Using data is also helping the DA’s office see trends and patterns. “If I notice something in a particular region, I can look and say, ‘What’s happening here?’” said Catlett. For example, she recently noticed an uptick in active misdemeanor cases countrywide despite no increase in her misdemeanor criminal filings. This led to a collaboration with criminal justice partners where it was discovered that the courts and the DA were not only defining active cases differently, but the increase was largely attributable to the misdemeanants who failed to appear in court. They are now working with the defense bar, the police agencies and the courts to address this problem.
The DA’s office is actively working with other county departments within the criminal justice system to realize greater efficiencies. Said Bentley, “When Mr. Hestrin assumed office, he wanted to ensure our budgetary and managerial decisions were data-driven. So we deployed a new case management system and initiated other efficiency measures, including e-filing with the court and a system to allow law enforcement agencies to submit their reports and case submissions to the DA’s office electronically.”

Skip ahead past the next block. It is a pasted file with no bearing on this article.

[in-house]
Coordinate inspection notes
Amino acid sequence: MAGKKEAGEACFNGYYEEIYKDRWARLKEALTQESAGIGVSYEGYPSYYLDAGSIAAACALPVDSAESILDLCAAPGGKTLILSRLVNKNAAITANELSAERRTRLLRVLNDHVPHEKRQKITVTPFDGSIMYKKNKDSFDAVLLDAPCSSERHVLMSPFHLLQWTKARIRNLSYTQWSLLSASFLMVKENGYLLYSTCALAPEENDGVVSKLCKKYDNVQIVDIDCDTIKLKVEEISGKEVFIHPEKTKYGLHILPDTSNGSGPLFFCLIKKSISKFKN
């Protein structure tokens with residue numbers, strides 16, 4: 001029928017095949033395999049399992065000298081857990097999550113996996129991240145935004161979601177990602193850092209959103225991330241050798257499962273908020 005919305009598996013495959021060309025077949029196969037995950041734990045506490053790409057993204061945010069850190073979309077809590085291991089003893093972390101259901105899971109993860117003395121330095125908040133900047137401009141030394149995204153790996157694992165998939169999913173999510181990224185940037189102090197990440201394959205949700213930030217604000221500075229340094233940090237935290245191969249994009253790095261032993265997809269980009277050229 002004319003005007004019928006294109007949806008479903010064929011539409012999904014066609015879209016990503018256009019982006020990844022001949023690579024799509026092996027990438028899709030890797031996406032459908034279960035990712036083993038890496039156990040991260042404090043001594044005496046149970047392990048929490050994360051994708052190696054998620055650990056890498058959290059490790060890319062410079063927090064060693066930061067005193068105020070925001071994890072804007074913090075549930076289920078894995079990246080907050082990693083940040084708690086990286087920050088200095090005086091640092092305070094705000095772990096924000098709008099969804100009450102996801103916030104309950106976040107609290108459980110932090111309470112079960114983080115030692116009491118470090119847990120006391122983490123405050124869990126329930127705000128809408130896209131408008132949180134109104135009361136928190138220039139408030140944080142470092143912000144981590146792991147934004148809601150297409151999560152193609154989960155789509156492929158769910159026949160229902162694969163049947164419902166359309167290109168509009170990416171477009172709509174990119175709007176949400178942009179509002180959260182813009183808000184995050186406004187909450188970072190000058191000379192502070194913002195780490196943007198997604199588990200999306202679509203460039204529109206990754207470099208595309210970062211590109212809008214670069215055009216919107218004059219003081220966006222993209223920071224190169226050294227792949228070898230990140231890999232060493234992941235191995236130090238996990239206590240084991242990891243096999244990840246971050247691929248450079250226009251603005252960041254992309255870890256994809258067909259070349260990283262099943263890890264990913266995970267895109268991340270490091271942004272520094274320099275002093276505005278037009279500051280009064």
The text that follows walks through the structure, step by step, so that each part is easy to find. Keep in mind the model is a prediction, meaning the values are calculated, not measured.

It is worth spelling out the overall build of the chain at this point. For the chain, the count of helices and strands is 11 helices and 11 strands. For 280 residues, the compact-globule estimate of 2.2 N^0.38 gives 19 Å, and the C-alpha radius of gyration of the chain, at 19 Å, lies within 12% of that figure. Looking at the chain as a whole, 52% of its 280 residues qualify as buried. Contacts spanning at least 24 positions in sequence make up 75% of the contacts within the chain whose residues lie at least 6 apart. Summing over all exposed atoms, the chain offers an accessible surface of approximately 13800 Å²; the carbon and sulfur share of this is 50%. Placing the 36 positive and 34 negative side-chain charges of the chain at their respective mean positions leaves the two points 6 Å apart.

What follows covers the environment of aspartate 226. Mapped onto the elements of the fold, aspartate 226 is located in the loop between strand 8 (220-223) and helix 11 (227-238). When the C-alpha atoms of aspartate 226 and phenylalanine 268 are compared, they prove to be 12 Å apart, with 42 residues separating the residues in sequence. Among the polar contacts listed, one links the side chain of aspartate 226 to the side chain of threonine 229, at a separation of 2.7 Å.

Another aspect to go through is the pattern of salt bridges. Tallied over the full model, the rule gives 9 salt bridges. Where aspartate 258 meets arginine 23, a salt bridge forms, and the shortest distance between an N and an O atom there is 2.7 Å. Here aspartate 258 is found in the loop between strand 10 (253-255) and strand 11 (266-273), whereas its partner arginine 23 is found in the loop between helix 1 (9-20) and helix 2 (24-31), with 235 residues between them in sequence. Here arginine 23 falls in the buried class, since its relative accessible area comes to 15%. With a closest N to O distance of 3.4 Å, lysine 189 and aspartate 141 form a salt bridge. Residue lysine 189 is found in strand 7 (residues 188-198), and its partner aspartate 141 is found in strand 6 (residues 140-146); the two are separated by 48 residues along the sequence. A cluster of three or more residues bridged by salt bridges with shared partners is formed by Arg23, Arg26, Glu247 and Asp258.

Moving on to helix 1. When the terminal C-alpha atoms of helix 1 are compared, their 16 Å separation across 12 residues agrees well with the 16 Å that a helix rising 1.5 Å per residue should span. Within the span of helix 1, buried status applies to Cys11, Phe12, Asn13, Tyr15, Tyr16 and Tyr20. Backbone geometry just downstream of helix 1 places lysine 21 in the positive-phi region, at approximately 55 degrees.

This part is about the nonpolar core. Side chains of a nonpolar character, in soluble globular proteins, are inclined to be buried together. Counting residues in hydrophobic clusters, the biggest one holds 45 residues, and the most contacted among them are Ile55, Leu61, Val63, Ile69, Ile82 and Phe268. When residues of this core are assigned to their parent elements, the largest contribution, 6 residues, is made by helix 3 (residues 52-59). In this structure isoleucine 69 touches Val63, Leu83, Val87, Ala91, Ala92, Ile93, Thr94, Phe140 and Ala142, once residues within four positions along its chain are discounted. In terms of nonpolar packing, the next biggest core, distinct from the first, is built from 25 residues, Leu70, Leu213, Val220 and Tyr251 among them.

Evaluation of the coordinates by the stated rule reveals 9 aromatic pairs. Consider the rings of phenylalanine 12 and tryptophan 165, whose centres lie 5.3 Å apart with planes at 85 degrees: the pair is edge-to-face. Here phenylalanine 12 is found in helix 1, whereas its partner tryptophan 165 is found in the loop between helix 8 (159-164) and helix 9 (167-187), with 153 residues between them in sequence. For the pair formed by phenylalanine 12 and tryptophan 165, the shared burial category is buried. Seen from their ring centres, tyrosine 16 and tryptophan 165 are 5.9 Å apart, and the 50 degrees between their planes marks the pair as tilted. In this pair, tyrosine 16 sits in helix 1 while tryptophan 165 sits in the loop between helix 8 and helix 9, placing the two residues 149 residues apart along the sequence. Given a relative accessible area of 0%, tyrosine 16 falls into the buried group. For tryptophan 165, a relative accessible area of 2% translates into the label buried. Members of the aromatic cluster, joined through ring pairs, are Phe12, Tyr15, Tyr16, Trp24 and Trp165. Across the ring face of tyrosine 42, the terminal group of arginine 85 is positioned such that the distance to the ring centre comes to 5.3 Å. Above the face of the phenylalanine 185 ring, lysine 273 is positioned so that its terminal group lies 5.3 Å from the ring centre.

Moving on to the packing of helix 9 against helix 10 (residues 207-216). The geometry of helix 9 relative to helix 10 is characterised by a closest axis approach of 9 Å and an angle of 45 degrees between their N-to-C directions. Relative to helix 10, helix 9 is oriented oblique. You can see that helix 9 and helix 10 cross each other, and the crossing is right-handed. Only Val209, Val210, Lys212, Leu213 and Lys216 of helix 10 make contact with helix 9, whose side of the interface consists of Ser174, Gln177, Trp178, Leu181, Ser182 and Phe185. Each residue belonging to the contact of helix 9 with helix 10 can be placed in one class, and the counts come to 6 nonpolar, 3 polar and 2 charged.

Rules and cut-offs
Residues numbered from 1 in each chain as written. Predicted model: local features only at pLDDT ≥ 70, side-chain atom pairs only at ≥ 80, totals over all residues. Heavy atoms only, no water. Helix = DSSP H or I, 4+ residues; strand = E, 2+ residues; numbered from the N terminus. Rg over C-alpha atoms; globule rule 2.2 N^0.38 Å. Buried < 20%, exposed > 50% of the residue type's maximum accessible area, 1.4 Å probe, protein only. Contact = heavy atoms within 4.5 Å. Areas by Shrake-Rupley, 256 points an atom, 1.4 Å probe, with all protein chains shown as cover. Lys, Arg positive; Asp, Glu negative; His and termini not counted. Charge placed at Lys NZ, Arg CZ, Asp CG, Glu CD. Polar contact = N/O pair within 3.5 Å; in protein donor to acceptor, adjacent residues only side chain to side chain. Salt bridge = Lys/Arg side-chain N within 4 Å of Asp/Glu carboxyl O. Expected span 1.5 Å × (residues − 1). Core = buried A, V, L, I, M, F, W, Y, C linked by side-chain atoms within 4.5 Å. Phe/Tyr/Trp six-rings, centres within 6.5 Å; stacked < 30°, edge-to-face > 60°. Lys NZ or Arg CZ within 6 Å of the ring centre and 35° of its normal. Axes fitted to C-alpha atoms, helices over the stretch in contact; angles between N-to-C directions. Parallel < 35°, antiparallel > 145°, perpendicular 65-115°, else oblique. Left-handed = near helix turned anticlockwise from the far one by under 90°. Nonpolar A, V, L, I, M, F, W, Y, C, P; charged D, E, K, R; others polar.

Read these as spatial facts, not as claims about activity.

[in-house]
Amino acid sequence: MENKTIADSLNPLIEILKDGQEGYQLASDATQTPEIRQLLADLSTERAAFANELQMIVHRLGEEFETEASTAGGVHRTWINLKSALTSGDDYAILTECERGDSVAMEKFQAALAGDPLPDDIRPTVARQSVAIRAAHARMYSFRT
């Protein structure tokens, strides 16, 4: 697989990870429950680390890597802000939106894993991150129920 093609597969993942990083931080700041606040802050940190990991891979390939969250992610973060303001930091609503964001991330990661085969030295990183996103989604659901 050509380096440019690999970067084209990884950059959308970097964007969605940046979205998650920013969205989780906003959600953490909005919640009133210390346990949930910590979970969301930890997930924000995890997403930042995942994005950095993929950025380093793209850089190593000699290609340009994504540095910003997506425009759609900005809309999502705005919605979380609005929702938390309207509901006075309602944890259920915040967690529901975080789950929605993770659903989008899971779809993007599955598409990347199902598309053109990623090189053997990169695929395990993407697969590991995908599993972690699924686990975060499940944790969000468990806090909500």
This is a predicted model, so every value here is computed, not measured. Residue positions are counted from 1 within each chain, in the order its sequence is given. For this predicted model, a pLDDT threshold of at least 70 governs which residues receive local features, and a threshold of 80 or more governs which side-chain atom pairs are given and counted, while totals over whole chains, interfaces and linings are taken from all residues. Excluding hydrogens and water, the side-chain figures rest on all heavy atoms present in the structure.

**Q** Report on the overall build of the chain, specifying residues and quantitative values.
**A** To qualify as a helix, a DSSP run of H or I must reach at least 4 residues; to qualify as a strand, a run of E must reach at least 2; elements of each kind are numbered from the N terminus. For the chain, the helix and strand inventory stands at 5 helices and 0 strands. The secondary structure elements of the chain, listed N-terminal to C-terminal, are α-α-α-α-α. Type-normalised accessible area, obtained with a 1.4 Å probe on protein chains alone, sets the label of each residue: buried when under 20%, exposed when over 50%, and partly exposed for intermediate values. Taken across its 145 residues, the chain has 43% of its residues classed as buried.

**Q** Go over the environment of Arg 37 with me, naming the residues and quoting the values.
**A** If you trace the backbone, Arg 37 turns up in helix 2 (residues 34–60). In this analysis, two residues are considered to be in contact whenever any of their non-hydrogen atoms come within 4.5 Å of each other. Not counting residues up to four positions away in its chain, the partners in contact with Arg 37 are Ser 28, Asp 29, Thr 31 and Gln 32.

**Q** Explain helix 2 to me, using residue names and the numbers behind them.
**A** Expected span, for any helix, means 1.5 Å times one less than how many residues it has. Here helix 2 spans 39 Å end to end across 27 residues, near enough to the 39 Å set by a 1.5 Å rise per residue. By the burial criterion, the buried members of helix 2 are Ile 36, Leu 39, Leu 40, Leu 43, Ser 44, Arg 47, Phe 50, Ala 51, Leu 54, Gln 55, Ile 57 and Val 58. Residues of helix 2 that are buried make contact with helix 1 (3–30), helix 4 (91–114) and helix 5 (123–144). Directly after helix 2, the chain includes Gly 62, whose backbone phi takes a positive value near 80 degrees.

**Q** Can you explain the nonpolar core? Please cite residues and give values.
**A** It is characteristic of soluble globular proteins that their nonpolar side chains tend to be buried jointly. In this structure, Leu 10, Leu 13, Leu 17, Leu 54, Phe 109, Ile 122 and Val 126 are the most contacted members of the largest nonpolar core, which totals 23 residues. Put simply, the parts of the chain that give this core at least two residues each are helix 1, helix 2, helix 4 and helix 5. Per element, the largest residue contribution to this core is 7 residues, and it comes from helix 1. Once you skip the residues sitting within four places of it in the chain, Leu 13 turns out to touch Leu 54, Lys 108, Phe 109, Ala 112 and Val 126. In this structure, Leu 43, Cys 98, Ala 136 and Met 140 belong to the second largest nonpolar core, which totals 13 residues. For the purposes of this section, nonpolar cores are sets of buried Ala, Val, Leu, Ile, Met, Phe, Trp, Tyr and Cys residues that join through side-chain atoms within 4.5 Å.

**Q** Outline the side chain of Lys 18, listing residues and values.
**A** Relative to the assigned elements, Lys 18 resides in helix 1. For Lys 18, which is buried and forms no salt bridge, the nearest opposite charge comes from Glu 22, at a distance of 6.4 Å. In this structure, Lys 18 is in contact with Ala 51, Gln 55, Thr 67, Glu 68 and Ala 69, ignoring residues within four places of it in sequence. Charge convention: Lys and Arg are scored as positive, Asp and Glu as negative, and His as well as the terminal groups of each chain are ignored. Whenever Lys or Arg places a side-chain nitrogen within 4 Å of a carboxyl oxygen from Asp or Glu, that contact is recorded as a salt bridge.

The DA’s office used asset forfeiture money (ill-gotten gains of drug dealers) and purchased these systems and equipment. She added, “These upgrades are reducing redundant data entry and paper usage, saving staff time and improving communications across multiple public safety agencies. It’s a collaborative effort, that’s the beauty that I’ve come to realize.”
The EMR meetings are a good example of how data can be used to make evidenced-based decisions at all levels of a department as well as promote cross-system collaboration. “It’s not only about accountability,” said Catlett, “It’s about deploying limited county resources in the best way possible to get the job done and serve the community.”
Fabrizio agreed, “We now know that when we’re making those arguments, we truly are doing it in the best possible way we can do it.”